An ATA Professional Development Event
Presented by the American Translators Association and
the Midwest Association of Translators and Interpreters
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Take advantage of special Early-Bird rates available until June 13.


Take advantage of special rates, available until May 20.


Earn up to 9 CEPs for the ATA Certification Program.


An ATA certification exam sitting will be held on Sunday, June 22.


Interested in becoming an Exhibitor? CLICK HERE

Interested in becoming a Sponsor? CLICK HERE


PLEASE NOTE: This program is subject to change.


Abstracts & Bios

Retention Enhancement Techniques for Consecutive Interpreting

This presentation—which has also been provided to FBI language specialists—focuses on note taking and visualization as aids to increase concentration and, in turn, increase retention capacity during a consecutive interpreting event. The speaker will reveal how paralinguistic elements of discourse, register, and textual density can help—or hinder—an interpreted communication process. If an interpreter is distracted for any reason, the understanding and processing of the message will be affected. The speaker will demonstrate how creating images to accompany the verbal information that the brain is processing, can help an interpreter grasp the message more clearly and ascertain its meaning. Then, when visualization and active listening go hand in hand, the interpreter can achieve enhanced retention of the message to be interpreted. Visualization and retention exercises will be introduced and audience participation will be encouraged.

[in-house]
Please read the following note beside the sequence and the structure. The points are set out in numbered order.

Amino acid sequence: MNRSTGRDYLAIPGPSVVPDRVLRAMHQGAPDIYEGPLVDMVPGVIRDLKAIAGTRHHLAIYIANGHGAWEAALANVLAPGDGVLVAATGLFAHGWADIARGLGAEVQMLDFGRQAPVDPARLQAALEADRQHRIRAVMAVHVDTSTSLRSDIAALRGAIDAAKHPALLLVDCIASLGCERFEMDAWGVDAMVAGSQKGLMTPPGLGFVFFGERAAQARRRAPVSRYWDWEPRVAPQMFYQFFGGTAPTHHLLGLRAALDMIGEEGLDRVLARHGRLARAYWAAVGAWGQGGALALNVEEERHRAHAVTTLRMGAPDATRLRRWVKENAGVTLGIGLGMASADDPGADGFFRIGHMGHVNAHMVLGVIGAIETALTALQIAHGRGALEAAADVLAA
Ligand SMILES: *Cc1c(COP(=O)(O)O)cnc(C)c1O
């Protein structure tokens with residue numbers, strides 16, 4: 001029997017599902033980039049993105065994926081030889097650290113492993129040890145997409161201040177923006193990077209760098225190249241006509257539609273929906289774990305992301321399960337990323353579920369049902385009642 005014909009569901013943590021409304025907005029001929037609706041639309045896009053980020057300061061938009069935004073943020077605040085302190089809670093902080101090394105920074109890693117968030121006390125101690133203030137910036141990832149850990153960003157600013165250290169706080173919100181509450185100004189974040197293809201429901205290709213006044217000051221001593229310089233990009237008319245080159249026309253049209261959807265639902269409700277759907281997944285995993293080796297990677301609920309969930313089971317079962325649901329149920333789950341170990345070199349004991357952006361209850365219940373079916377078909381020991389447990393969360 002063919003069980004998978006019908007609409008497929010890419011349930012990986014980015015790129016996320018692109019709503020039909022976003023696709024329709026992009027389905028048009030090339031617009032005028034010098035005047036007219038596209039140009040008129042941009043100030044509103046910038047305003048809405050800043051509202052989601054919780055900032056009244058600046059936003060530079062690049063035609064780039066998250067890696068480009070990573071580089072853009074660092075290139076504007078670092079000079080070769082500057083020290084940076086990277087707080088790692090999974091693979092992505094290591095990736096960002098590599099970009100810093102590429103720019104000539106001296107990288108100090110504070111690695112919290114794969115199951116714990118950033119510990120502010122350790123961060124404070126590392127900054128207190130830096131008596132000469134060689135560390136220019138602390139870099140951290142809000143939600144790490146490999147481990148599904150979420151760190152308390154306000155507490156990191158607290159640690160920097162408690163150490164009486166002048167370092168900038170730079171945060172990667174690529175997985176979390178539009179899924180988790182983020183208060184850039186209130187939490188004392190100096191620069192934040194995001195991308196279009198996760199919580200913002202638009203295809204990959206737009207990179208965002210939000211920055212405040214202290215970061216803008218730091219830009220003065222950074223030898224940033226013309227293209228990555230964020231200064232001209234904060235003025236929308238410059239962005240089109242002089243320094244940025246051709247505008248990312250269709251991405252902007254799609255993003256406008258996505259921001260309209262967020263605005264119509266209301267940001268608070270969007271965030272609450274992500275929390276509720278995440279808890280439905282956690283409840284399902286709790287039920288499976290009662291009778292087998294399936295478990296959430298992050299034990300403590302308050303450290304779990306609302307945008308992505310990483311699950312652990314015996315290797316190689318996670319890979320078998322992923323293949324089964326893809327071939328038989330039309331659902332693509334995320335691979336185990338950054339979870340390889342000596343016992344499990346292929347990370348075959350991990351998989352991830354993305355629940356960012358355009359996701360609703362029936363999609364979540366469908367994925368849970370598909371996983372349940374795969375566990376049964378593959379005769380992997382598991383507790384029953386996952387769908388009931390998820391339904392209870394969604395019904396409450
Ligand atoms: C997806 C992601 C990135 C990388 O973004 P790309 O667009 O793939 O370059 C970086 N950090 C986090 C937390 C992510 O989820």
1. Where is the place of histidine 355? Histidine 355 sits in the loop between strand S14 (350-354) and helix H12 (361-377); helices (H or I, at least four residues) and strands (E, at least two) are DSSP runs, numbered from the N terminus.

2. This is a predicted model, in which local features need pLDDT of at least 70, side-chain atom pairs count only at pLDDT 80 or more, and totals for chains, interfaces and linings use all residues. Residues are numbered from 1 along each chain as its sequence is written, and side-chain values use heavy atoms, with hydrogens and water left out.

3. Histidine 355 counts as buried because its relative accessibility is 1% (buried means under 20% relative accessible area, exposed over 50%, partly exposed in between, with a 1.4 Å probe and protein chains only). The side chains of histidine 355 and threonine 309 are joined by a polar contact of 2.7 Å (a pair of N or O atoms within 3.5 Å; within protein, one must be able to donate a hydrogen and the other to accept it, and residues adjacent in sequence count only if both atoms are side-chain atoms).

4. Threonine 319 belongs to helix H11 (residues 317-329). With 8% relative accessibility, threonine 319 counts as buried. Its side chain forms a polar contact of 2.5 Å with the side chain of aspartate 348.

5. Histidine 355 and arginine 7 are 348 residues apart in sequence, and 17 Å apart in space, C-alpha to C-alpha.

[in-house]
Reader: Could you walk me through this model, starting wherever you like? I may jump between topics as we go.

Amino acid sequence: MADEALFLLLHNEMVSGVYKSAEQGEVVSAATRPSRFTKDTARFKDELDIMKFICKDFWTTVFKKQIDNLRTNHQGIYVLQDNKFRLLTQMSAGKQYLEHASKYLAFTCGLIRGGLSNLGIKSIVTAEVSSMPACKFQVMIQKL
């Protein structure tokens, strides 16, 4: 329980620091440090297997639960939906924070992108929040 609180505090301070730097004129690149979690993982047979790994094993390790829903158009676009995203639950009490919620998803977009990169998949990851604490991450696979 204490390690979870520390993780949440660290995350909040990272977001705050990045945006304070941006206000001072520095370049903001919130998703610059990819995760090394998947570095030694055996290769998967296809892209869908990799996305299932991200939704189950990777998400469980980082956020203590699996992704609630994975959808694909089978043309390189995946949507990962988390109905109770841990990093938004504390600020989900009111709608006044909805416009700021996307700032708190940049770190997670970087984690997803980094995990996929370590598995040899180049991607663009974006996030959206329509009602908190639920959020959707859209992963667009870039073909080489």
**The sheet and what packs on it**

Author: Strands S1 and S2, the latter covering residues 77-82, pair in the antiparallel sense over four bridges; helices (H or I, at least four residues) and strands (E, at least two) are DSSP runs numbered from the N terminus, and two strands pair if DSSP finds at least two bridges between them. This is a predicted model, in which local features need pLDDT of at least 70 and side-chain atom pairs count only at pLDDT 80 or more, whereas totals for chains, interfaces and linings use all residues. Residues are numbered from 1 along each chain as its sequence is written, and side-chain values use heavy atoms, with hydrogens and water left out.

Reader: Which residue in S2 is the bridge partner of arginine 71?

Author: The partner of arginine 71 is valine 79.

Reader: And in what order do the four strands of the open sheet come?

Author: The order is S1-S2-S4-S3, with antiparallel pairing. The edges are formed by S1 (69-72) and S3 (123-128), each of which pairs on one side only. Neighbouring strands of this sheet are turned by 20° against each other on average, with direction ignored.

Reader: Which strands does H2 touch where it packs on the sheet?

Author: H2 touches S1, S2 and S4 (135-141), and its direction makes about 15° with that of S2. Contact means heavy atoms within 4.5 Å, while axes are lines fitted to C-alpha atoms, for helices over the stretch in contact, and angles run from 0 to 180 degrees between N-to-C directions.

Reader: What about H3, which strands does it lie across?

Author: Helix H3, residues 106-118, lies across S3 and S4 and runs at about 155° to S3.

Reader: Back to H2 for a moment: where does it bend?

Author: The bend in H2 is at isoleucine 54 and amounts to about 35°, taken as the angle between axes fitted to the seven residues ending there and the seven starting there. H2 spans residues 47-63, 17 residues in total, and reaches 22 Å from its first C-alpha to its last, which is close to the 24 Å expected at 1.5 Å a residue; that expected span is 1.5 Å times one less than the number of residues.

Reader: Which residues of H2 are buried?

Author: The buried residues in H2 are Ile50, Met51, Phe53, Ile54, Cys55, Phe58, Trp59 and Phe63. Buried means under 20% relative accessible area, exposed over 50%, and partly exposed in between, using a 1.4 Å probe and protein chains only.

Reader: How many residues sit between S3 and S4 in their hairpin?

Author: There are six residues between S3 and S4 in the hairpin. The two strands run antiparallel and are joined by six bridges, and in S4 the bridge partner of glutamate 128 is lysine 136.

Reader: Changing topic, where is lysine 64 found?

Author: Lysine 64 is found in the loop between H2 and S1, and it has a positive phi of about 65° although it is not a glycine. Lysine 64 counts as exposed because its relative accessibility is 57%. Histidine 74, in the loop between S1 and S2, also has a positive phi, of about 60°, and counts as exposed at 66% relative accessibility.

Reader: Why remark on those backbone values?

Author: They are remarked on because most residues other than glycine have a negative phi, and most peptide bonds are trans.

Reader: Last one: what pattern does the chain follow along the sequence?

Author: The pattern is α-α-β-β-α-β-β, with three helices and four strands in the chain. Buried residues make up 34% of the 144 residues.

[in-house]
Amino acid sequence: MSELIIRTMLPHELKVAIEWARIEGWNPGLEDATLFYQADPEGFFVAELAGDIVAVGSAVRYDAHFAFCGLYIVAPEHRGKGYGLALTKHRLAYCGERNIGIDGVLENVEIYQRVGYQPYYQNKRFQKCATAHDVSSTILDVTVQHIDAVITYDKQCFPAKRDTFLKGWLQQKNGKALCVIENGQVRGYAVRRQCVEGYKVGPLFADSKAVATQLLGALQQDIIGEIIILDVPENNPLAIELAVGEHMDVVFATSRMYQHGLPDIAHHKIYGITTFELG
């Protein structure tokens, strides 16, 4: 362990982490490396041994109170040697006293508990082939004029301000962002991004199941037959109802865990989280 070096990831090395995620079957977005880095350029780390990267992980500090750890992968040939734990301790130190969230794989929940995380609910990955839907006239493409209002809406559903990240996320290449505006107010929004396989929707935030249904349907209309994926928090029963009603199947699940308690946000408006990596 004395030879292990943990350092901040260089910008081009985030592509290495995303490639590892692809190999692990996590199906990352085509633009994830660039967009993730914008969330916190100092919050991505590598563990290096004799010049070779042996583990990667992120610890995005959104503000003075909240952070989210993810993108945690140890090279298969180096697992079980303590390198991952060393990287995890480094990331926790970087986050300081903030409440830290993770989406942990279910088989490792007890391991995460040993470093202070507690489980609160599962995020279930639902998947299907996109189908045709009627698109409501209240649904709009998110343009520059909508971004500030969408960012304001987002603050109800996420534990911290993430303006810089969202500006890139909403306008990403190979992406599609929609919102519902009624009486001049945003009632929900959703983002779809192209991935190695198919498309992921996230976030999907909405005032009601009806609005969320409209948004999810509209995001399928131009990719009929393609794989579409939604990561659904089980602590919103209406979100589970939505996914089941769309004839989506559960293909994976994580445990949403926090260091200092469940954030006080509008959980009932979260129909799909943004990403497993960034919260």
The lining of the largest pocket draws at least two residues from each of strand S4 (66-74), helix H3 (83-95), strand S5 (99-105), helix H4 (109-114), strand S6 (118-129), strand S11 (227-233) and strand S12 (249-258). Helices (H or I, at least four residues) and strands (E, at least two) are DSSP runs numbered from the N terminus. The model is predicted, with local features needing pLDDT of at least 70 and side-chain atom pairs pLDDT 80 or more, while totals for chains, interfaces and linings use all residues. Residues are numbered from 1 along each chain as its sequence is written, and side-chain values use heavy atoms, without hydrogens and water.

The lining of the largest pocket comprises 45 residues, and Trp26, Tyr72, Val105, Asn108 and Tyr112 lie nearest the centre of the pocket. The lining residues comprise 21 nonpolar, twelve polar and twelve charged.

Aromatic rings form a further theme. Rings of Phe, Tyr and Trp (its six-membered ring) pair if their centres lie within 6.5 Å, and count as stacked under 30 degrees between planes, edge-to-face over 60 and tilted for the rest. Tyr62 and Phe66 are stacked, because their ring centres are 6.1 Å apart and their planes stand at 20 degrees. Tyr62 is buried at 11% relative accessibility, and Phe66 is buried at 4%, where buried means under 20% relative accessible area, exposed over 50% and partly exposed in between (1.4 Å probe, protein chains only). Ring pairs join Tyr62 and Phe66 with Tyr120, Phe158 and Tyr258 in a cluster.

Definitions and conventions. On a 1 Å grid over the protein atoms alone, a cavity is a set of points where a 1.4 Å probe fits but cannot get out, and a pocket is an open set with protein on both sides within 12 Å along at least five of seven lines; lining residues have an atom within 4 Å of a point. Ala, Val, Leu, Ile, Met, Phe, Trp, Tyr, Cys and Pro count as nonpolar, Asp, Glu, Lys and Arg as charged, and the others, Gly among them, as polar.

Janis Palma has been a federally-certified, English<>Spanish judiciary interpreter since 1981. She worked as an independent contractor for over 20 years in different states, including Texas, New York, Florida, and Washington, D.C. She holds a master's degree in Puerto Rican literature and history from the Centro de Estudios Avanzados de Puerto Rico y el Caribe, and a bachelor's degree in Spanish literature from the University of Texas at Austin. Her work experience includes conference work in the private sector and seminar interpreting for the U.S. State Department. She joined the U.S. District Courts in Puerto Rico as a full-time staff interpreter in April 2002. She has also been a consultant for various higher education institutions, professional associations, and government agencies on judiciary interpreting and translating issues. She is a former president and now life member of the National Association of Judiciary Interpreters and Translators, and for over 20 years has been conducting workshops, participating in panel discussions, and offering lectures on professional practice and responsibility, including techniques to improve judiciary interpreting skills.


Advanced Simultaneous Interpreting Techniques

This session provides advanced training for simultaneous interpreters wanting to enhance their competence and performance in the demanding courtroom environment. The speaker will focus on speed, accuracy, diction, and the finer aspects of simultaneous interpreting so that attendees can analyze and refine their actual interpreting performance. Attendees will take part in exercises to facilitate rapid speaking and improve accuracy at higher speeds. This session will provide solutions for what to do when the speaker goes too fast or too slow, how to become aware of your attention split, and how to apply self-monitoring techniques in these situations to improve performance. Attendees will also learn how to successfully deal with other challenges that must be faced in real-life, courtroom situations.

María Cecilia Marty is a certified federal interpreter and an ATA-certified English>Spanish translator with almost 20 years of interpreting and translating experience. She passed the Federal Court Interpreter Certification Examination in 1997 and has been actively working for various district courts ever since. She established FittServices, Inc. (Federal Interpreter, Translator, & Training Services) and has been an active member of ATA for 13 years.